The Governor of the Pitcairn Islands is the British High Commissioner to New Zealand, currently George Fergusson. He maintains a representative officer on the island as a link between himself and the islanders - this is probably the most remote and inaccessible diplomatic posting in the world. But because the high commissioner does not live on the island, its daily affairs were traditionally taken care of by the magistrate, chairman of the Island Council. Elections for this position take place every three years. After a constitutional revision in 1998, these functions were transferred to the mayor of Pitcairn from 1999 onwards. Island Magistrate is a governor appointed job. Chairman of the Internal Committee is an elected official. Until 30 October 2004, the mayor was Steve Christian; after his rape conviction on October 24, 2004, Christian was dismissed (after refusing to resign). Brenda Christian was selected by the Island Council, to be mayor for November and December 2004, until an election was held. Jay Warren was elected on December 15, 2004.


The Pitcairn Islands form the southeasternmost extension of the geological archipelago of the Tuamotus of French Polynesia, and consist of four islands: Pitcairn Island, Oeno Island (atoll with 5 islets), Henderson Island and Ducie Island (atoll with 4 islets).

The only permanently inhabited island, Pitcairn, is accessible only by boat through Bounty Bay.

Henderson Island, covering about 67% of the territory's total land area, and supporting a rich variety of animals in its nearly inaccessible interior, is also capable of supporting a small human population, but it is hard to get there and back, its outer shores being comprised of uniformly steep limestone cliffs of sharp coral.

The other islands are at a distance of more than 100 km and are not habitable.

Satellite photo of Pitcairn Island
Satellite photo of Pitcairn Island
Island/Atoll Type Land Area
Total Area
Ducie Island Atoll 0.7 3.9* - 24°40′09″S, 124°47′11″W
Henderson Island uplifted coral island 37.3 37.3 - 24°22′01″S, 128°18′57″W
Oeno Island Atoll 0.65 16.65* - 23°55′26″S, 130°44′03″W
Pitcairn Island volcanic island 4.6 4.6 45 25°04′00″S, 130°06′00″W
Pitcairn Islands island group 43.25 62.45 45 23°55'26" to 25°04'00"S,
124°47'11" to 130°44'03"W

* including reef flat and lagoon of the atolls


The fertile soil of the Pitcairn valleys produces a wide variety of fruits and vegetables, including citrus, sugarcane, watermelons, bananas, yams, and beans. The inhabitants of this tiny economy exist on fishing, subsistence farming, and handicrafts, with barter an important part of the economy. The major sources of revenue are the sale of postage stamps to collectors, honey, and the sale of handicrafts to passing ships, most of which are plying the United Kingdom to New Zealand route via the Panama Canal. Trade is restricted by the jagged geography of the island, which lacks a harbour or airstrip, forcing all trade to be made by longboat to visiting ships. Occasionally, passengers from expedition-type cruise ships will come ashore for a day, weather permitting. The island has a labour force of 15 men and women (as of 2004).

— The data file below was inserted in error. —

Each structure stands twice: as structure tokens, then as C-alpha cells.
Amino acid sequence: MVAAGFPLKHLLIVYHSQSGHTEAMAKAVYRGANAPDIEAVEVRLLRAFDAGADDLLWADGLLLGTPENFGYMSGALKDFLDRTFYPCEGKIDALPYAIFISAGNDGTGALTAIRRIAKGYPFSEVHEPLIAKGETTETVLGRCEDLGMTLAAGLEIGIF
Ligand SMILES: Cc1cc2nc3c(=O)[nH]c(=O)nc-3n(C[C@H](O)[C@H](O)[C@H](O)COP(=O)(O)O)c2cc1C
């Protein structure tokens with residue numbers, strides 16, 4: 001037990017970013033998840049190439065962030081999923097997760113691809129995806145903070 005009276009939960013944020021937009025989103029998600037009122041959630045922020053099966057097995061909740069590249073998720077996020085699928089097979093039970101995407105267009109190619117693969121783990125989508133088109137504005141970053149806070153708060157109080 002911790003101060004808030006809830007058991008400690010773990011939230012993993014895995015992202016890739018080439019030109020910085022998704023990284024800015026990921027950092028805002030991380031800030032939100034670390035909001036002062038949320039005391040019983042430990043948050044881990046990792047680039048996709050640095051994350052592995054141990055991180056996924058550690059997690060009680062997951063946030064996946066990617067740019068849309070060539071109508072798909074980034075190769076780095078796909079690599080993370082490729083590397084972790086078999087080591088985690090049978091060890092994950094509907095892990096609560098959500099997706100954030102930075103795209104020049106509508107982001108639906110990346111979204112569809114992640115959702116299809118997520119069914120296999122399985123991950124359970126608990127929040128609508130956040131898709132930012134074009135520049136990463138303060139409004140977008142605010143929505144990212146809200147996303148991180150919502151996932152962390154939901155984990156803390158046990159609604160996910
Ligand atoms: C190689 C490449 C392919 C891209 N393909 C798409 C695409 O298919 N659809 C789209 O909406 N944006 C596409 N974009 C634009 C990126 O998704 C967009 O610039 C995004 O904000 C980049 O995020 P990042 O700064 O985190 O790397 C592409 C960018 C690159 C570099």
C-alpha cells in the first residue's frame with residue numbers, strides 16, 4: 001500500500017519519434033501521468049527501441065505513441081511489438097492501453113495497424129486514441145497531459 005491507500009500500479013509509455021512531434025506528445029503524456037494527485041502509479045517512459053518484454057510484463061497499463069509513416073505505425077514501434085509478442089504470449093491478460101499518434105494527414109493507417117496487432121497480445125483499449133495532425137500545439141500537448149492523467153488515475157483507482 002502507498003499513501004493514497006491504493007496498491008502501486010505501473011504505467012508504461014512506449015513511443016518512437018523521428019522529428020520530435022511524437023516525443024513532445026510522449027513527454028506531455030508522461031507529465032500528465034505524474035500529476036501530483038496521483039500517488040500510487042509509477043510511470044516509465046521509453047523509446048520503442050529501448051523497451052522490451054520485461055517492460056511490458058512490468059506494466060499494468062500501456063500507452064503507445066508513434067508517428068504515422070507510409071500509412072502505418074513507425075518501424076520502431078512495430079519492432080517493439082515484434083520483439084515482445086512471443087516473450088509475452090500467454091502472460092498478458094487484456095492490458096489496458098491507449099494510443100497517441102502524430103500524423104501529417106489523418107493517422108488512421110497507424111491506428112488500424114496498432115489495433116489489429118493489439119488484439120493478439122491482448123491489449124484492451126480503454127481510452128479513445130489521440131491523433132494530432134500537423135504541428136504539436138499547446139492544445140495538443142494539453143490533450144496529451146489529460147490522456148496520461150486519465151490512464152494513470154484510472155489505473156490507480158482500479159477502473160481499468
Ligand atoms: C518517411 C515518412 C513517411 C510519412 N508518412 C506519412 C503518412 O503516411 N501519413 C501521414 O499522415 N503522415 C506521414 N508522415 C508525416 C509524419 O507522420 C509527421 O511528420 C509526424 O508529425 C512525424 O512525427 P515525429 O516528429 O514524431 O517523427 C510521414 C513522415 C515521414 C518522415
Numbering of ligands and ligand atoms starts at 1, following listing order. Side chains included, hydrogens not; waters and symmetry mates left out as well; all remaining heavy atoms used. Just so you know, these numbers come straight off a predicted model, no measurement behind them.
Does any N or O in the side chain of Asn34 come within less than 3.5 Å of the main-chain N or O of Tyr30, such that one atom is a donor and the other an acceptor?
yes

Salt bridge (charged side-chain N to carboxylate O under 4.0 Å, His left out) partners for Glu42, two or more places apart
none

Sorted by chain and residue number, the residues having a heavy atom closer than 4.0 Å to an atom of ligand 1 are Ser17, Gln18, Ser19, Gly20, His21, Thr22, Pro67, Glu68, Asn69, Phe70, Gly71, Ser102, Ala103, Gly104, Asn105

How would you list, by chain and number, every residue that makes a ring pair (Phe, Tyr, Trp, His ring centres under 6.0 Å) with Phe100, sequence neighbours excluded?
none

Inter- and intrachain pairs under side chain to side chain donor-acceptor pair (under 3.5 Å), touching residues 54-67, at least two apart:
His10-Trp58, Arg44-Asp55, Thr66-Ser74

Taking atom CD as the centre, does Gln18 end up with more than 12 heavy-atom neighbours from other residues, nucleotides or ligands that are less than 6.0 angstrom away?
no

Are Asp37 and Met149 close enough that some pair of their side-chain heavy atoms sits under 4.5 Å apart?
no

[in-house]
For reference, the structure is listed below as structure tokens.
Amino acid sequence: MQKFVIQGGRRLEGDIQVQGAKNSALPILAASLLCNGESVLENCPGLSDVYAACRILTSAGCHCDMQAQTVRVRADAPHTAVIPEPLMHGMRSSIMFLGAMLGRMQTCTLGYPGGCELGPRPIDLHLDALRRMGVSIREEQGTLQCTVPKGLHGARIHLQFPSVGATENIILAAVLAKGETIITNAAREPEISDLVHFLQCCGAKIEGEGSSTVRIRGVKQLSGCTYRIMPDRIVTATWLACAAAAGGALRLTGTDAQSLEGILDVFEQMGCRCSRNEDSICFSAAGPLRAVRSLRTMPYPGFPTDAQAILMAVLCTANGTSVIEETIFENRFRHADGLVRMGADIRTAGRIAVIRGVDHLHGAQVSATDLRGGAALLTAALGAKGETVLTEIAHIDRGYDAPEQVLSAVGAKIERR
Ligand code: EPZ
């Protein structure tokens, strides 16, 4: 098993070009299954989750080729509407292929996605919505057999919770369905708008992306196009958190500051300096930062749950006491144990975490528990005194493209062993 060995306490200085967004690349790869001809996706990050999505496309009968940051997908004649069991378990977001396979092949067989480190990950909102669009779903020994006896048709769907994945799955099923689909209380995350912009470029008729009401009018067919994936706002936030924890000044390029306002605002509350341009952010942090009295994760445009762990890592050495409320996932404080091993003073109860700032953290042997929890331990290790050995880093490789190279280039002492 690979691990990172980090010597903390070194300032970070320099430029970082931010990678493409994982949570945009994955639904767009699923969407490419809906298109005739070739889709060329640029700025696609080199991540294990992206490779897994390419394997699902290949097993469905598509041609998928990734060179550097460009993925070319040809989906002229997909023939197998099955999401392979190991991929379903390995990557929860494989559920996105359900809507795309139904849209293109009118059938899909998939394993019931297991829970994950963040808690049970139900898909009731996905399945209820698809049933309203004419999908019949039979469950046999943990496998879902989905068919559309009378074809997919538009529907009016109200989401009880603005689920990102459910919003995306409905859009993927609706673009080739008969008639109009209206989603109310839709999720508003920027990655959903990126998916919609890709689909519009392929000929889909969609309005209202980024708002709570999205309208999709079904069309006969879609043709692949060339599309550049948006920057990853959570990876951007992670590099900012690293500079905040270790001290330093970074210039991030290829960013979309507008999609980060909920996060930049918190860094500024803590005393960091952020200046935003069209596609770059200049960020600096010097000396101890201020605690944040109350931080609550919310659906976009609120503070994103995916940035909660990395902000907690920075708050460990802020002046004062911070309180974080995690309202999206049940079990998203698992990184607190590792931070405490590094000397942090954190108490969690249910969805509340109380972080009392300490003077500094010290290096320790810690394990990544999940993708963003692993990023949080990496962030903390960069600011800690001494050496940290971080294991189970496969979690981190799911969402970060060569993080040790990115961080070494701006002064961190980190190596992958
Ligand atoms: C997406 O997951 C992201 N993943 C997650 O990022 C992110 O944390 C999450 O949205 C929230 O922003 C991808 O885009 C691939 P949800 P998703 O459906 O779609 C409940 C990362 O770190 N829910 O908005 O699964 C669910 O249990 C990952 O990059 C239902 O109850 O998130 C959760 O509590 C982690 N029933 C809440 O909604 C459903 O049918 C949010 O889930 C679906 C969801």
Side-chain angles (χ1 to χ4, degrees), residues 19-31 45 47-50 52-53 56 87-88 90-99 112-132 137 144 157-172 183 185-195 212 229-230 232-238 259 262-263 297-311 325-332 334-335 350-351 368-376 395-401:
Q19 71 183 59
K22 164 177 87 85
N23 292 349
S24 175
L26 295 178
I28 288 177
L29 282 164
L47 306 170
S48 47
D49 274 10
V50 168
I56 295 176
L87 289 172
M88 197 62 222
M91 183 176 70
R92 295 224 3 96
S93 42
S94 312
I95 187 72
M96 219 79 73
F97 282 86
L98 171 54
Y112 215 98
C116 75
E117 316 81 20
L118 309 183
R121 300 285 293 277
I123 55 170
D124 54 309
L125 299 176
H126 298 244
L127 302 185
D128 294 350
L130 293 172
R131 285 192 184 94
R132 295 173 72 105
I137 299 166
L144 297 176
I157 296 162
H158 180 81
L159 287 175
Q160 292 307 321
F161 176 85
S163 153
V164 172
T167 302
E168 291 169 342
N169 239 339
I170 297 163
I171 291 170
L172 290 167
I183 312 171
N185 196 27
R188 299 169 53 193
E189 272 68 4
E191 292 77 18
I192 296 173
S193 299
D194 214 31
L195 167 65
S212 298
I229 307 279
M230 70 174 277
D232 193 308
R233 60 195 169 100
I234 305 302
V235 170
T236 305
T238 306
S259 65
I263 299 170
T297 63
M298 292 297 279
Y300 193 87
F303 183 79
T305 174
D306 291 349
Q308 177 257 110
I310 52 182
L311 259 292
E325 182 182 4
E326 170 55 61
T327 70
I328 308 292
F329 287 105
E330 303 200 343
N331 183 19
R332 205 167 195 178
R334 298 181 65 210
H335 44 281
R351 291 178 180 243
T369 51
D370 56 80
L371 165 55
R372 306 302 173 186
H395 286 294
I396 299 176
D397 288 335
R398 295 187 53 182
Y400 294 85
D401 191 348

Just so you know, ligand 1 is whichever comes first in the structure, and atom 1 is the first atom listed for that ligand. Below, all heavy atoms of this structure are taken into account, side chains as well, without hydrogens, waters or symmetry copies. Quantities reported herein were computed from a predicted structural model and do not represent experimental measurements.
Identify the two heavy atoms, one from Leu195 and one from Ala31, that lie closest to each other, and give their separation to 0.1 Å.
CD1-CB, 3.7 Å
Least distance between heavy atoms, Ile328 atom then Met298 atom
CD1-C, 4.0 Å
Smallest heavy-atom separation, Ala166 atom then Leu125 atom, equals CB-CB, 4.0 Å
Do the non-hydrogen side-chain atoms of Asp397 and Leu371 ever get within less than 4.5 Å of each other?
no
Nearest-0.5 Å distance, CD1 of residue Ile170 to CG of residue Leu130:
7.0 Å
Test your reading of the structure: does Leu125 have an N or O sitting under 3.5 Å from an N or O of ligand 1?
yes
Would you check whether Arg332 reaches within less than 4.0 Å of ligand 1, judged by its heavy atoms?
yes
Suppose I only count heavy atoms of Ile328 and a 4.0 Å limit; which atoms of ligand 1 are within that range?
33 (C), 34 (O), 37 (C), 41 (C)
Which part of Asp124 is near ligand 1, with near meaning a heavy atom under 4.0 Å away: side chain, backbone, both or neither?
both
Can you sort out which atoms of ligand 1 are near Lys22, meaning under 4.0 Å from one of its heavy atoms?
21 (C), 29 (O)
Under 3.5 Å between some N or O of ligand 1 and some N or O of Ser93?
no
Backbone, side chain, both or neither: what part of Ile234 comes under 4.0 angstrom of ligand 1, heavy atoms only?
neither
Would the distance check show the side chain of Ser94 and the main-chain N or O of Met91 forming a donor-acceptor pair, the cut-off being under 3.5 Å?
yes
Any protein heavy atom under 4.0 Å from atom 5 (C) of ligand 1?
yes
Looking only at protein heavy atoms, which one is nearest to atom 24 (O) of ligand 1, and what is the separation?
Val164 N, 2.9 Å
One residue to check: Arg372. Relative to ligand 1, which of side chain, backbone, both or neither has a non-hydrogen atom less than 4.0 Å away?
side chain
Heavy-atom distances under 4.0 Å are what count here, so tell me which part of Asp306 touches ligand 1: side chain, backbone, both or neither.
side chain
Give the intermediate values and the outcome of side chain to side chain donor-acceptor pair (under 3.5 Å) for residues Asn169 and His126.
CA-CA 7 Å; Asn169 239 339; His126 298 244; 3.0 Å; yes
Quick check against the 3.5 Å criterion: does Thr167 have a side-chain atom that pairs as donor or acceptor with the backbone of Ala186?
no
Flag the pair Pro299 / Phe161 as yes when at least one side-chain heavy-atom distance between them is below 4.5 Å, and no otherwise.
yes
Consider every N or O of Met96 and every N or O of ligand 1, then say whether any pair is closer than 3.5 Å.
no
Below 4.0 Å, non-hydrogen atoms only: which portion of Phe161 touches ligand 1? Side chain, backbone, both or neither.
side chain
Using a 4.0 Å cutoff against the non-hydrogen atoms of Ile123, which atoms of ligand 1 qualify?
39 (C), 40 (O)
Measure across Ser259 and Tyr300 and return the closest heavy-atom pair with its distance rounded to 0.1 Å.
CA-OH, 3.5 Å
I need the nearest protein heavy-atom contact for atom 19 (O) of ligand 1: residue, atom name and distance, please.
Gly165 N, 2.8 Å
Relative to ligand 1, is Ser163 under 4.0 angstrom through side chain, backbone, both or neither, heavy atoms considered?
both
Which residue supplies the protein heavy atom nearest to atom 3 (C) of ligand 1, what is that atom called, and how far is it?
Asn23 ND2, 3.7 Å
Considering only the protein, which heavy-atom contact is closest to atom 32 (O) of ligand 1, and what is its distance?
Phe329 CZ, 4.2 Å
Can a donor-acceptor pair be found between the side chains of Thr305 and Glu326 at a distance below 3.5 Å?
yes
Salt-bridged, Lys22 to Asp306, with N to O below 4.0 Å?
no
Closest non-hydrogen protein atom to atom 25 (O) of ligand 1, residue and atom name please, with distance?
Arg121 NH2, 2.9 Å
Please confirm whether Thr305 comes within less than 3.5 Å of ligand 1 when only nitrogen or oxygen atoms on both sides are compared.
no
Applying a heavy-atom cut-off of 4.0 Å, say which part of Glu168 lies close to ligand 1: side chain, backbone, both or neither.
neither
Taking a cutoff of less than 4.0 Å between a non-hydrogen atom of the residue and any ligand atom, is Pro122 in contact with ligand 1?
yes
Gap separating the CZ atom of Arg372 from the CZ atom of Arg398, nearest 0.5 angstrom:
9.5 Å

Many of the resident Pitcairn Islanders are descendants of the Bounty mutineers, as their surnames show. Most Pitcairners are members of the Seventh-day Adventist Church. Pitkern is a creole language derived from 18th Century English, with elements of the Tahitian language. It is spoken as a first language by the population and is taught alongside standard English at the island's only school. It is closely related to the creole language Norfuk spoken on Norfolk Island, because Norfolk was repopulated in the mid 19th Century by Pitcairners.

In September 2003, the first baby was born on the islands in 17 years.

In June 2004, Shirley and Simon Young became the first married outsider couple in recorded history to gain residency on the island.

Culture and religion

Pitcairn culture, like its language, is a mix of English and Tahitian influences. A successful Seventh-day Adventist mission in the 1890s was important in shaping Pitcairn society. In recent years, the church has declined, with only about eight islanders worshipping regularly, but most of them still attend church on special occasions. The Sabbath is observed as a day of rest and as a mark of respect for observant Adventists.

The once-strict moral codes, which prohibited dancing, public shows of affection, and consumption of alcohol, have been relaxed in recent years. Islanders may now obtain a six-month license to purchase alcohol; the licence fee is NZ$10.00 for residents and NZ$25.00 for tourists.


  • Telephones: There are only satellite phones on the island, replacing a single wired party line. Islanders call between homes and ships via VHF radio.
  • Radio: There is no broadcast station. Marine band walkie-talkie radios are used to maintain contact among people in different areas of the island. Foreign stations can be picked up on Shortwave Radio.
  • Television: There is no broadcast TV; most houses have a VCR/DVD to watch videos. Free-To-Air satellite dishes can be used to watch foreign TV.
  • Internet: There is one Government-sponsored satellite internet connection, networked to all houses on the island. Pitcairn's country code (top level domain) is .pn.


The settlers of the Pitcairns all arrived by some form of boat or ship; the most famous was the HMAV Bounty, on which the mutiny occurred and which was burned in Bounty Bay.

Pitcairn Island does not have an airport or seaport; the islanders rely on longboats to ferry people and goods between ship and shore through Bounty Bay. To get to Pitcairn it is necessary to fly to Tahiti, then Mangareva, then embark on a further 30-hour boat ride. There is one boat every several months. Alternately, passage can be obtained aboard a few freighters out of New Zealand – it is a seven-day trip via freighter. Leaving the island is hit-and-miss; one leaves when transportation happens by, not necessarily when one wishes to go.

There is one 6.4km paved road and no railways. On land, walking has historically been the way of getting around; all-terrain vehicles have become common in more recent years.